In January 2017, over 40 fundraising exhibitions took place around the United States and beyond under the banner Nasty Women, raising a total of $42,000 for Planned Parenthood and providing “a platform for organisation and resistance”.
This March, Chelsea MA Fine Art students will mount the very first UK Nasty Women event, which will take place at the college on Thursday 16 March. This one-night selling exhibition will donate 100% of its proceeds to Women’s Aid.
Nasty Women defines itself as “a global art movement that serves to demonstrate solidarity among artists who identify with being a Nasty Woman in the face of threats to roll back women’s rights, individual rights, and abortion rights.”
We spoke to organiser and exhibiting artist Amy Robson about her inspiration.
Please can you tell us in your own words what inspired you to set up the Nasty Women exhibition?
I read about the original Nasty Women Exhibition in Hyperallergic and got in touch with the New York organisers to see if I could help organise a London event. The greater London exhibition is in the early planning stages (free large exhibition space suggestions would be much appreciated!), but it is great to be able to have the first ‘official’ Nasty Women UK event here at Chelsea College of Arts.
As an American who has been living in the UK for 22 years, I have been increasingly dismayed by the polarization in the US political landscape and was shocked by the outcome of the recent presidential election. I was attracted to the Nasty Women exhibition because it seeks to channel this frustration positively with the aim to help women. We have chosen to support Women’s Aid which ‘provides life-saving services to build a future where domestic violence is not tolerated.’
We have gathered a mix of women artists from the Chelsea MA Fine Art course and also from the ‘outside’ to bring together a variety of perspectives and approaches.
Is the work in the exhibition made specifically in response to the issues and concerns of Nasty Women/Women’s Aid? How did you go about curating the show?
We have attempted to show work from as diverse a group of women as possible and it will include artists from a wide age range and from different countries including America, Canada, France, Nigeria and South Africa.
The art that we will show is not necessarily political. Some work has been made to fit with the issues being addressed by Nasty Women. Other works are less political, but everything in the show has a feminine slant.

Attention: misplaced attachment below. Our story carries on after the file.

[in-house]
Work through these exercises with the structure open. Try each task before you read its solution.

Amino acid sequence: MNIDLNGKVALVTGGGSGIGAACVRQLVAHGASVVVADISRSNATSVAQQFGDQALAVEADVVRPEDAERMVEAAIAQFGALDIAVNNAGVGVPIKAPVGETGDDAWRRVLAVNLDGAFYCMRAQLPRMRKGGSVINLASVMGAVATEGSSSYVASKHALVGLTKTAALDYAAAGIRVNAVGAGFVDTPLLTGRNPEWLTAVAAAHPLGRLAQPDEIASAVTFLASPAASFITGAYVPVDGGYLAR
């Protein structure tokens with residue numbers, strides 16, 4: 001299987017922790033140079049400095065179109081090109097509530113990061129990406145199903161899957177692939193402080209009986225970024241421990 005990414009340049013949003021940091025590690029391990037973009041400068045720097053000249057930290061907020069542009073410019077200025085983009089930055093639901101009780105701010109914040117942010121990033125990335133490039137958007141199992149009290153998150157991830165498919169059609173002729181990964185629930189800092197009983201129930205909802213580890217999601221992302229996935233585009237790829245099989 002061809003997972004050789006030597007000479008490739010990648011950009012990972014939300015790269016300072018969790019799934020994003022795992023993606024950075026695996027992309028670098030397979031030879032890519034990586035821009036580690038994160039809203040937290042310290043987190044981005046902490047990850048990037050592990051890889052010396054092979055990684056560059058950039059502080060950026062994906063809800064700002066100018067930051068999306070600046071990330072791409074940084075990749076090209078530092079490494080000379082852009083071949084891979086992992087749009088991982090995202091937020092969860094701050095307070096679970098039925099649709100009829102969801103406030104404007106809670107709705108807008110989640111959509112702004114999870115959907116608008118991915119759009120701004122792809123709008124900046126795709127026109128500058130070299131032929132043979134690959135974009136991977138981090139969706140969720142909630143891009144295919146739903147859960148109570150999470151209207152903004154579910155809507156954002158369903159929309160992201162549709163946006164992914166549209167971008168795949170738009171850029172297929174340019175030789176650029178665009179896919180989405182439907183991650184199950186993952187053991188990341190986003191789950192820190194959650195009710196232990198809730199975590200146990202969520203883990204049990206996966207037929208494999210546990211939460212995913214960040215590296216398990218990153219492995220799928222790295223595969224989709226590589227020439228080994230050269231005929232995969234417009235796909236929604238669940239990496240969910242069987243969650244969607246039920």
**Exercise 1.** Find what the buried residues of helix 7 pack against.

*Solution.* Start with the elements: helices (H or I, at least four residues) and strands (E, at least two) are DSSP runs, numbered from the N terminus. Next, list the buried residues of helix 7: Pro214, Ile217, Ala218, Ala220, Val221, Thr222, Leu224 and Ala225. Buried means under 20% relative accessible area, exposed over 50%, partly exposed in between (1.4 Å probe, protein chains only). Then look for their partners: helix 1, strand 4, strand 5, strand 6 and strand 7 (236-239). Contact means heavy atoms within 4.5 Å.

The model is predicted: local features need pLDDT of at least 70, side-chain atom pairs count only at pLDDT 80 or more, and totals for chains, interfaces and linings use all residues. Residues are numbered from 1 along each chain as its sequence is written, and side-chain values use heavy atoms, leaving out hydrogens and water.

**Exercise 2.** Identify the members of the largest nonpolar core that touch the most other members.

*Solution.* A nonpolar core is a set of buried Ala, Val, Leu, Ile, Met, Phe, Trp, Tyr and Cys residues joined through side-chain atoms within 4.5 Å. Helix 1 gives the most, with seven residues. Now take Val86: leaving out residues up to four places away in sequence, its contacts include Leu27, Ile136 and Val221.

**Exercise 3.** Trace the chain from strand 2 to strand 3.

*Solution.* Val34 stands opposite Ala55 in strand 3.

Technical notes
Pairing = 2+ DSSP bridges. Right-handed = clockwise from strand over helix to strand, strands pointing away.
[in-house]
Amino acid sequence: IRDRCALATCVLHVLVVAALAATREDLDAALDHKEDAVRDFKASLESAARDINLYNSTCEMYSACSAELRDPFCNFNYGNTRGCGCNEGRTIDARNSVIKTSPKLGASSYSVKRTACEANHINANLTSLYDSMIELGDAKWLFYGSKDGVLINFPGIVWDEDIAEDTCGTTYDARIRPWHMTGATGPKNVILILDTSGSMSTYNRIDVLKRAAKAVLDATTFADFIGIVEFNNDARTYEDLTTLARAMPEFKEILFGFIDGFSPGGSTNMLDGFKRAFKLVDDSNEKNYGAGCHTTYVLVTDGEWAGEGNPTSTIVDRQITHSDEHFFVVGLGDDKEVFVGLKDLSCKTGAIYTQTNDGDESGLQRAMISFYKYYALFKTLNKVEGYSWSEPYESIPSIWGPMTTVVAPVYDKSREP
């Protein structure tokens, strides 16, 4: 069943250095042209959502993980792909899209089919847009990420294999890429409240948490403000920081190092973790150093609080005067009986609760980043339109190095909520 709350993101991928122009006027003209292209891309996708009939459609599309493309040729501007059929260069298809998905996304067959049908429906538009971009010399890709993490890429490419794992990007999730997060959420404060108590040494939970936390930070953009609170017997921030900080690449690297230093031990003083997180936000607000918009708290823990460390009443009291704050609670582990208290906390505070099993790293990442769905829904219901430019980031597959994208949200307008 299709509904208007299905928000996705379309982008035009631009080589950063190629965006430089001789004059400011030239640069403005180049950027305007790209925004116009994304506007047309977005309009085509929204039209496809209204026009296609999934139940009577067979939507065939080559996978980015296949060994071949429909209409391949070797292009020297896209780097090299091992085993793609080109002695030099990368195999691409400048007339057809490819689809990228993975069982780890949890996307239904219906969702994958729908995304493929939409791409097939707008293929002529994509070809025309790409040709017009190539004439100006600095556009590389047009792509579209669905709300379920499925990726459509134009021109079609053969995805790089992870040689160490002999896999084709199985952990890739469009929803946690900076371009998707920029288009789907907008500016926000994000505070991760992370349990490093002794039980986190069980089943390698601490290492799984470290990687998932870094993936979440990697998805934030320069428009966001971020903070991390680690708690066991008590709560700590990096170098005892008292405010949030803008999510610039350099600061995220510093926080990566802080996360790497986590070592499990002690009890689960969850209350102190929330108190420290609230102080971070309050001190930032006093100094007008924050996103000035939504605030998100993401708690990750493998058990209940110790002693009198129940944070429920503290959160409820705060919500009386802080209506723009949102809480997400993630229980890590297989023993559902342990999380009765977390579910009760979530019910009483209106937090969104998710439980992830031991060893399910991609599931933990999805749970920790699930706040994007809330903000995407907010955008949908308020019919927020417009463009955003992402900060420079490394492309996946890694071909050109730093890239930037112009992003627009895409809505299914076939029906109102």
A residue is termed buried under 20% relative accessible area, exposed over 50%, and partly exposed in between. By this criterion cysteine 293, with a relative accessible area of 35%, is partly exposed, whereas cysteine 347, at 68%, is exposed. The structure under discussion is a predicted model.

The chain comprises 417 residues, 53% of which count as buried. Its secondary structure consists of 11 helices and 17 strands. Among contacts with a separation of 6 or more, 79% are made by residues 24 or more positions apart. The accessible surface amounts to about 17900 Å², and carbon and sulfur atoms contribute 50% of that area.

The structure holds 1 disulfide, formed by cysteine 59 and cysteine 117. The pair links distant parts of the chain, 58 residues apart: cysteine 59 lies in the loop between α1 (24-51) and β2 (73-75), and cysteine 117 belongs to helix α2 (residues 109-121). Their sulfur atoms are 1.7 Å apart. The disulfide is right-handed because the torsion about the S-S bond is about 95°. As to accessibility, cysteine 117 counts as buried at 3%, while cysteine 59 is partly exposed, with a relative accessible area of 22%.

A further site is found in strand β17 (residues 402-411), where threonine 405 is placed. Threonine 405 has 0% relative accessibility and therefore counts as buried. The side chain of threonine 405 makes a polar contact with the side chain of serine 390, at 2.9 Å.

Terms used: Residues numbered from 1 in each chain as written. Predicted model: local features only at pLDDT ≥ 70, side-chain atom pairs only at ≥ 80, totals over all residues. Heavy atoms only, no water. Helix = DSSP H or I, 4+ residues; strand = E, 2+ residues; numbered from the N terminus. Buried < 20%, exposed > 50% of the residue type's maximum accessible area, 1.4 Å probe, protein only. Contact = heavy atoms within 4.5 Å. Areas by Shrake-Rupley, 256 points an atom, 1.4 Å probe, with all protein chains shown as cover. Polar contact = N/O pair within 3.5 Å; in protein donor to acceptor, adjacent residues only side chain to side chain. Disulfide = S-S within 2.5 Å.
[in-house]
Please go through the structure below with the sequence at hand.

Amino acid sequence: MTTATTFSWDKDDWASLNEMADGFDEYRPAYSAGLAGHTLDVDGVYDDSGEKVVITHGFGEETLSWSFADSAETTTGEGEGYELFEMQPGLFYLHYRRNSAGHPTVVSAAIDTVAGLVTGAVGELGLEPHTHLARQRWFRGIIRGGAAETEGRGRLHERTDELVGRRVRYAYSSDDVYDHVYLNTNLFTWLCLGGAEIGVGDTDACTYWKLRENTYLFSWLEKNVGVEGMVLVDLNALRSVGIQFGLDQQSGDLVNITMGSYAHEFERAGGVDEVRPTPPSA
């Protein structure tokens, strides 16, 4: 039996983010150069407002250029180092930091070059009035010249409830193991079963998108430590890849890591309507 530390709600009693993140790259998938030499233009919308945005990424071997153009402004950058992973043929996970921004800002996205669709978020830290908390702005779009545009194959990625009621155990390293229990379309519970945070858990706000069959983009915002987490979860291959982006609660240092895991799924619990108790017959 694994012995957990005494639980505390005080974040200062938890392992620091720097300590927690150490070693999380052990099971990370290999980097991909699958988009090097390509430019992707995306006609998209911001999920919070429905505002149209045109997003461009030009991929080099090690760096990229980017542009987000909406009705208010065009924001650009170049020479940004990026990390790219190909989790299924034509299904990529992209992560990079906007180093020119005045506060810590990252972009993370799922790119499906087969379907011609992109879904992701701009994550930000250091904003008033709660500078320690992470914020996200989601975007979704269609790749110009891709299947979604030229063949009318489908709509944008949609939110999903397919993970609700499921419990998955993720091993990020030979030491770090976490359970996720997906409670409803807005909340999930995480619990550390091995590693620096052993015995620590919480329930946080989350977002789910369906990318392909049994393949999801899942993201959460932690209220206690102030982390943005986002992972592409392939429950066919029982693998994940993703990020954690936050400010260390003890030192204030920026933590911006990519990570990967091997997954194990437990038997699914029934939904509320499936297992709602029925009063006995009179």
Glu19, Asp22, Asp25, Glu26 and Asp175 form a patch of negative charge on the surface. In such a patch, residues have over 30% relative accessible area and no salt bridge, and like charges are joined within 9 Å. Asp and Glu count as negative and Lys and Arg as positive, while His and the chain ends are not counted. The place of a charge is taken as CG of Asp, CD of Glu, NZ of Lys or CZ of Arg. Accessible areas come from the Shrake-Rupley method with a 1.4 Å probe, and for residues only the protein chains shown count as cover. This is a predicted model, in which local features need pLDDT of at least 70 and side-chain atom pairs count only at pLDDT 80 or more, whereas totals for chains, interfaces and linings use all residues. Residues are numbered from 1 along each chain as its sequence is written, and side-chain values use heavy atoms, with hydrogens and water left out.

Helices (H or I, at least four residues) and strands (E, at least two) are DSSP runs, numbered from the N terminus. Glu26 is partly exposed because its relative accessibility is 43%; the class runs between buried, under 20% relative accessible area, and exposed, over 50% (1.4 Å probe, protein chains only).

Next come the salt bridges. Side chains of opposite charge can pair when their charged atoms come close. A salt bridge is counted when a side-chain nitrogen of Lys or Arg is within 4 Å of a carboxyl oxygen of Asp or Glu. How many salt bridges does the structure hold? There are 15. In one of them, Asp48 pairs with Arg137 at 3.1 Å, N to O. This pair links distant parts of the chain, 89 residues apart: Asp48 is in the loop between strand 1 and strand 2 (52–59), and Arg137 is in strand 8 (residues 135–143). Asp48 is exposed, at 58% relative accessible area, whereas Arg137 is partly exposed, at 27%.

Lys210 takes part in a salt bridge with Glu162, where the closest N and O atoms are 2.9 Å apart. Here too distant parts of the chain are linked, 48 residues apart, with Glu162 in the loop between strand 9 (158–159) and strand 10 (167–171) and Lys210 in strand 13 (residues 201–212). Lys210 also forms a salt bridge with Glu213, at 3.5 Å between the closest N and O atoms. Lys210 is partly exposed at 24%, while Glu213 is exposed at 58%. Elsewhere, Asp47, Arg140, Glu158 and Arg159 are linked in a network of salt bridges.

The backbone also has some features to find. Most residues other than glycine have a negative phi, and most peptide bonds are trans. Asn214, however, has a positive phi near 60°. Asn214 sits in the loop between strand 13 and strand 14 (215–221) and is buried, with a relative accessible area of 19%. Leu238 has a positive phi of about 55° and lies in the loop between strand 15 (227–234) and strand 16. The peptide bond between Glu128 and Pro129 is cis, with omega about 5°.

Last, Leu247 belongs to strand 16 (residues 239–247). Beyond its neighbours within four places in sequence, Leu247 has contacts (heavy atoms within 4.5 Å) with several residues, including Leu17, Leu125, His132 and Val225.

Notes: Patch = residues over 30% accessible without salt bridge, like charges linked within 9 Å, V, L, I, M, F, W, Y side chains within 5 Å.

Have you worked together as group before? And have any of you addressed these themes in your work before?
Yes, several of us took part in a small exhibition at Chelsea in December which loosely addressed the Trump presidency in its title: ‘Grab ‘Em By The Pussy’. We hoped to raise the issue of Trump’s misogyny by printing his spoken words and by playing the audio recording as part of the exhibition.
Nasty Women as a title is a reference to Trump’s comments about Hilary during the presidential debates, and so centres the focus on issues for Women in the US – what do you see as parallel concerns for women in the UK?
It is fortunate that reproductive rights are not under threat here in the same way that they are in the US, but the issue of institutional sexism is just as relevant. Women are a minority in politics, in boardrooms and in major media and arts organisations. As a consequence, institutions’ policies and practices reflect the interests and experiences of only half the population.
Do you have any thoughts you’d like to share about the role of art and artists with regards to politics and activism?
I feel strongly that we need to redress the gender balance in the arts, particularly in the artists we choose to study. There are so many examples of talented and ground-breaking female artists – especially when looking at contemporary art – that there is no need to add to the historical male-biased narrative. When I write my critical research paper, I will focus on women artists and would encourage all of us to look a little harder to redress the balance.
Nasty Women takes place at Chelsea College of Arts’ MA Fine Art: Chelsea Gallery (Room A203) on Thursday 16 March, 5-9pm.